As a result of the global pandemic, the Study Board was forced to cancel its planned public meetings in spring 2020. In place of these in-person meetings, the Board opted to hold four virtual public meetings on September 29th and 30th. The meetings, held on the video-communication platform MS Teams, were well attended with between 140-150 participants across the four sessions. The meetings consisted of a 30-minute presentation from the Study Board co-chairs, followed by a question and answer period, and a chance for the public to participate in a poll to indicate their interest for topics to be discussed during an upcoming series of technical webinars.

The presentation provided an overview of the Study’s progress to date. The Study co-chairs noted that flooding is likely to be a recurring issue in the future and discussed the two main objectives of the study — to identify and recommend mitigation measures to reduce high water levels, and to reduce flood vulnerability. A PDF version of the presentation provided during the public meetings is available here.

Four Major Floods LCRR Graph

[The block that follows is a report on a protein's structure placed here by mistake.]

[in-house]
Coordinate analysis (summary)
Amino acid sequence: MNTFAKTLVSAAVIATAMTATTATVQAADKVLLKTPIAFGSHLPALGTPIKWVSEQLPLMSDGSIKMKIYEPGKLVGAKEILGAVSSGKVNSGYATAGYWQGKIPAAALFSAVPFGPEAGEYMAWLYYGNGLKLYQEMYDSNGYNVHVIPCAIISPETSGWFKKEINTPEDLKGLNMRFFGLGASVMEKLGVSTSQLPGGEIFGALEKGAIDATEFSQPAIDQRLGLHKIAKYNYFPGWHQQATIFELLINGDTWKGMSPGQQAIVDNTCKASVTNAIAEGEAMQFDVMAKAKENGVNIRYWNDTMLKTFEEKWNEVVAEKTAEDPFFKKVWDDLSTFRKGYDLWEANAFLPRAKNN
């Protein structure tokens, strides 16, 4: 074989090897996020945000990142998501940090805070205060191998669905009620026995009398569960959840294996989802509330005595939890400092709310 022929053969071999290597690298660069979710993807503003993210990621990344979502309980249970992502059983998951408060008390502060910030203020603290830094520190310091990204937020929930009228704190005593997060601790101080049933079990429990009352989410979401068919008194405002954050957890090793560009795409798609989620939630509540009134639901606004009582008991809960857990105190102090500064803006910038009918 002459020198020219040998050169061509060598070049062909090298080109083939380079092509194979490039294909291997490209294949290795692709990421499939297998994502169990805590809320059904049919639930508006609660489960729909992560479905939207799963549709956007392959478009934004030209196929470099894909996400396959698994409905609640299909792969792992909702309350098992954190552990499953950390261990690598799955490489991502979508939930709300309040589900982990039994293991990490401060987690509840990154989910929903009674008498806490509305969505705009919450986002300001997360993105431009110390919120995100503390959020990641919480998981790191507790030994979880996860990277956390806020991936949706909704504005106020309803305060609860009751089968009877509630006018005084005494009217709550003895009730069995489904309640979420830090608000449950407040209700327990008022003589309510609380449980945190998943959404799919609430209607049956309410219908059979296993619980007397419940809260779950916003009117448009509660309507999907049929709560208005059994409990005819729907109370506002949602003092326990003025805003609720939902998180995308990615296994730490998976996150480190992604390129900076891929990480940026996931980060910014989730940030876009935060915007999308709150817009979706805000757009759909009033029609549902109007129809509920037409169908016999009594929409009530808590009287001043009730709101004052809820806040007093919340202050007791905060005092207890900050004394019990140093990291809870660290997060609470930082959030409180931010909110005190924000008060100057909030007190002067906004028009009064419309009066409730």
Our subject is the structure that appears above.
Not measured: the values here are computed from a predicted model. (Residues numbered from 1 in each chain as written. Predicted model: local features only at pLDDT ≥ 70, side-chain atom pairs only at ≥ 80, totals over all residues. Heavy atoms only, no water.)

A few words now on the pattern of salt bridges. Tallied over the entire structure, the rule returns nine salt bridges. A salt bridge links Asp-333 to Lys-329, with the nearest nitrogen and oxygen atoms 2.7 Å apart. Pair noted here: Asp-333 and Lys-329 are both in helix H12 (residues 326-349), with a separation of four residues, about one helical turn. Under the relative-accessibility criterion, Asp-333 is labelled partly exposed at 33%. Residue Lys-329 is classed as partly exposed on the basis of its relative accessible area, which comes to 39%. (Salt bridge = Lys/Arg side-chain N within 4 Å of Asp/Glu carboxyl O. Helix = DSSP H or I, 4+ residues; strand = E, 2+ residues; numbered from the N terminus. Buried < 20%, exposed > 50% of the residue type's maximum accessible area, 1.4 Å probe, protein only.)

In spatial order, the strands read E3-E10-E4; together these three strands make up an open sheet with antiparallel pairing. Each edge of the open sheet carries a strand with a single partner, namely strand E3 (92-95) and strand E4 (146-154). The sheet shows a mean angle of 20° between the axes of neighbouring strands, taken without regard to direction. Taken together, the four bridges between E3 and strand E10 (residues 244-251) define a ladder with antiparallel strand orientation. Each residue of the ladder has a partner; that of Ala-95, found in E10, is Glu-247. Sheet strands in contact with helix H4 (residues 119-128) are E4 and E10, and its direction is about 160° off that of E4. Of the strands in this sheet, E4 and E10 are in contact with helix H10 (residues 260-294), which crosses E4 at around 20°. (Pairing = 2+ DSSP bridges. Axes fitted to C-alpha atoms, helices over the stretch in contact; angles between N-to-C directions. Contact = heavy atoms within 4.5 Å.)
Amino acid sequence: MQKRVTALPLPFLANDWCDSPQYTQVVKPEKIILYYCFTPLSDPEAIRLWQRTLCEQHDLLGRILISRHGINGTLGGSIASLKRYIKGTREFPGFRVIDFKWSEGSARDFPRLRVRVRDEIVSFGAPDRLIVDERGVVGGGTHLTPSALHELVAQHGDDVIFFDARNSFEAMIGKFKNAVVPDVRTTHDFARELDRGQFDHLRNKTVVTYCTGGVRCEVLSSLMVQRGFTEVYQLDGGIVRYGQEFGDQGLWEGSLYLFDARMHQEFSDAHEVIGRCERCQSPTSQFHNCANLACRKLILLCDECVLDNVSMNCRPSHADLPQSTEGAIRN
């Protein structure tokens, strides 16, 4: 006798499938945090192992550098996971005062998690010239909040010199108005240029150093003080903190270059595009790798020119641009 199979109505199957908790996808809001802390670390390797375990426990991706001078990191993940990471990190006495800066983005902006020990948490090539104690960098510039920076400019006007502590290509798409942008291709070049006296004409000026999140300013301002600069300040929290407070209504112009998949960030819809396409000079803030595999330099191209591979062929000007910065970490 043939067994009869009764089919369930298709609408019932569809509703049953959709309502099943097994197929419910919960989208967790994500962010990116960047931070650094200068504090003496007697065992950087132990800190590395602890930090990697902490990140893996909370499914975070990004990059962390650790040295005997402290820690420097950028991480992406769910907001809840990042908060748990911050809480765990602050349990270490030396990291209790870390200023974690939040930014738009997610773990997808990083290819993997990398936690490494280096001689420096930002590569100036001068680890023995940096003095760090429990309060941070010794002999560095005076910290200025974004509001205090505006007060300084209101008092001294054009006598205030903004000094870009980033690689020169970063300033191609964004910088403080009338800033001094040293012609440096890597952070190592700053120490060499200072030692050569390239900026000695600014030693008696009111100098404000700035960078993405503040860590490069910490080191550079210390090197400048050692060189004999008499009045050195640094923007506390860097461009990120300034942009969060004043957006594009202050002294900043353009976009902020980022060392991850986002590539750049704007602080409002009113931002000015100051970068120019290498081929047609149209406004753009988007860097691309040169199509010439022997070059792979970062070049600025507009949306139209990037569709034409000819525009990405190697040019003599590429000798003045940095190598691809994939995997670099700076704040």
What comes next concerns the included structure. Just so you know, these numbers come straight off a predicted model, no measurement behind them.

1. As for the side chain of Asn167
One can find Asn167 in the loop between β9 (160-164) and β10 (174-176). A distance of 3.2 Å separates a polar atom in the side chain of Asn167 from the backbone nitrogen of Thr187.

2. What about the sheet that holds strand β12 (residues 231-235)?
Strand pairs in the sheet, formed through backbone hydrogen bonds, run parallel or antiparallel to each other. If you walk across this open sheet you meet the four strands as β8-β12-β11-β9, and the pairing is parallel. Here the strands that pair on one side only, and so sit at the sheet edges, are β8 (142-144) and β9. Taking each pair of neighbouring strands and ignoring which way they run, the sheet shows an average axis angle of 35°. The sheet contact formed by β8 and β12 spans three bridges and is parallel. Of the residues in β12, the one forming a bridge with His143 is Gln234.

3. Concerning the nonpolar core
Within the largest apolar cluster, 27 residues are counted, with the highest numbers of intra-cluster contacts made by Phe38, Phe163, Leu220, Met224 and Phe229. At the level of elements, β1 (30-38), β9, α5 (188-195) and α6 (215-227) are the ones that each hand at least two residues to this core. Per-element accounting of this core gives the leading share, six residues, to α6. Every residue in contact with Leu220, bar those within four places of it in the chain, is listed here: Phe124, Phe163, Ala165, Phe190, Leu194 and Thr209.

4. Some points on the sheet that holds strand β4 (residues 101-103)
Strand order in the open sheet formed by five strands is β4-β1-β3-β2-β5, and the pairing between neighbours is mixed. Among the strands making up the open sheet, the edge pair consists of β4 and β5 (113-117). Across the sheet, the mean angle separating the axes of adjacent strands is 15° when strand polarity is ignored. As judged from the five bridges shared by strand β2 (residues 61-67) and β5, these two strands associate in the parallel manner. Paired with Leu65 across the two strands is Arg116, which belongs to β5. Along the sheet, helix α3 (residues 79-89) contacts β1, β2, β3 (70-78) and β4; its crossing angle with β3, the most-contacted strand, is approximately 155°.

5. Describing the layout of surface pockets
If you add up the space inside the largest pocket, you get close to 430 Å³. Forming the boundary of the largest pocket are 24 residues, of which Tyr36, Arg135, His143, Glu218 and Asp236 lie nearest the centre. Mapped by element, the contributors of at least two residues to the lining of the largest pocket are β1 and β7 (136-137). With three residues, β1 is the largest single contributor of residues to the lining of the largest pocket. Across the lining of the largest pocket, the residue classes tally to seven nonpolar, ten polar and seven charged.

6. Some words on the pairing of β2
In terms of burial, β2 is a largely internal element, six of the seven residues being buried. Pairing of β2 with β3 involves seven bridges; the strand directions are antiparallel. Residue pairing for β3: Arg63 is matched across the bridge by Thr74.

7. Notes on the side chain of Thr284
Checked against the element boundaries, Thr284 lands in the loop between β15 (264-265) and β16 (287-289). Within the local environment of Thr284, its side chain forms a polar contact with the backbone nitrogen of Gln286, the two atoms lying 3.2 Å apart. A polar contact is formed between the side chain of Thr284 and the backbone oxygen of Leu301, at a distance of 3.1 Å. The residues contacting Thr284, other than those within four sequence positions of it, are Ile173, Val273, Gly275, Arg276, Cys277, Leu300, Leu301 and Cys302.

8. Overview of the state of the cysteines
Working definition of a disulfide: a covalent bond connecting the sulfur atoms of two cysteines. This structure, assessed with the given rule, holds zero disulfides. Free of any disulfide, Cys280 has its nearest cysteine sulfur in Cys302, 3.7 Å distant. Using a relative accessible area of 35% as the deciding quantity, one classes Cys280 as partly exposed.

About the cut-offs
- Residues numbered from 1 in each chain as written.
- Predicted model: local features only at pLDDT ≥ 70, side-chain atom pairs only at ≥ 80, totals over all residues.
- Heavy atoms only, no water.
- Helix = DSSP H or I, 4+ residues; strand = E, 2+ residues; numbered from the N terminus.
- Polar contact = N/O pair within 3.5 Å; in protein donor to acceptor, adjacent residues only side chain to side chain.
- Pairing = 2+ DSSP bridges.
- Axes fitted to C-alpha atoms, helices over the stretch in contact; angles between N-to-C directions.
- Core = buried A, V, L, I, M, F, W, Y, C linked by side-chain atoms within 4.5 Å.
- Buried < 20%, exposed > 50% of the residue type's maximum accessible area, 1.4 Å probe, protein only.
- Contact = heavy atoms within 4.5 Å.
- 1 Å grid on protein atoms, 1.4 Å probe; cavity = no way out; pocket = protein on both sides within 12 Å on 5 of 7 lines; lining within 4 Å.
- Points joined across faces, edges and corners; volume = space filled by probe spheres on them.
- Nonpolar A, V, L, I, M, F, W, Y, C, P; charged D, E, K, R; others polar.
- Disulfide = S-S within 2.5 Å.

A graph depicting four major floods in the basin at Rouses Point, New York, located on the border with Quebec. Credit: Lake Champlain-Richelieu River Study Board


Highlights of the presentation include:

  • The Study co-chairs provided updates about four categories of possible flood mitigation solutions being assessed: structural solutions in the Richelieu River; upland storage solutions such as enhanced wetland areas; improved flood responses and forecasting tools; and floodplain management.
  • Six structural options considered to mitigate flooding were evaluated in terms of their feasibility, financial and technical viability, fairness and equitability to upstream and downstream interests, environmental acceptability, and resiliency to climate change. Modifying the Chambly Canal to receive floodwaters is being studied further based on this assessment.
  • While there are limited opportunities to add additional wetlands within the basin to meaningfully increase upland storage, study research found that water storage of existing wetlands plays a crucial role in minimizing future flooding. A report detailing the study’s look at wetlands and floodplains is expected in 2021.
  • A model was described that will aid study scientists in assessing potential impacts of these mitigation measures on the environment, communities, and economies.
  • Results of studies to assess the social acceptability of various flood mitigation measures were shared.
  • The timeline of projected release dates for major reports and final study recommendations was shared; the final study report is expected in March 2022.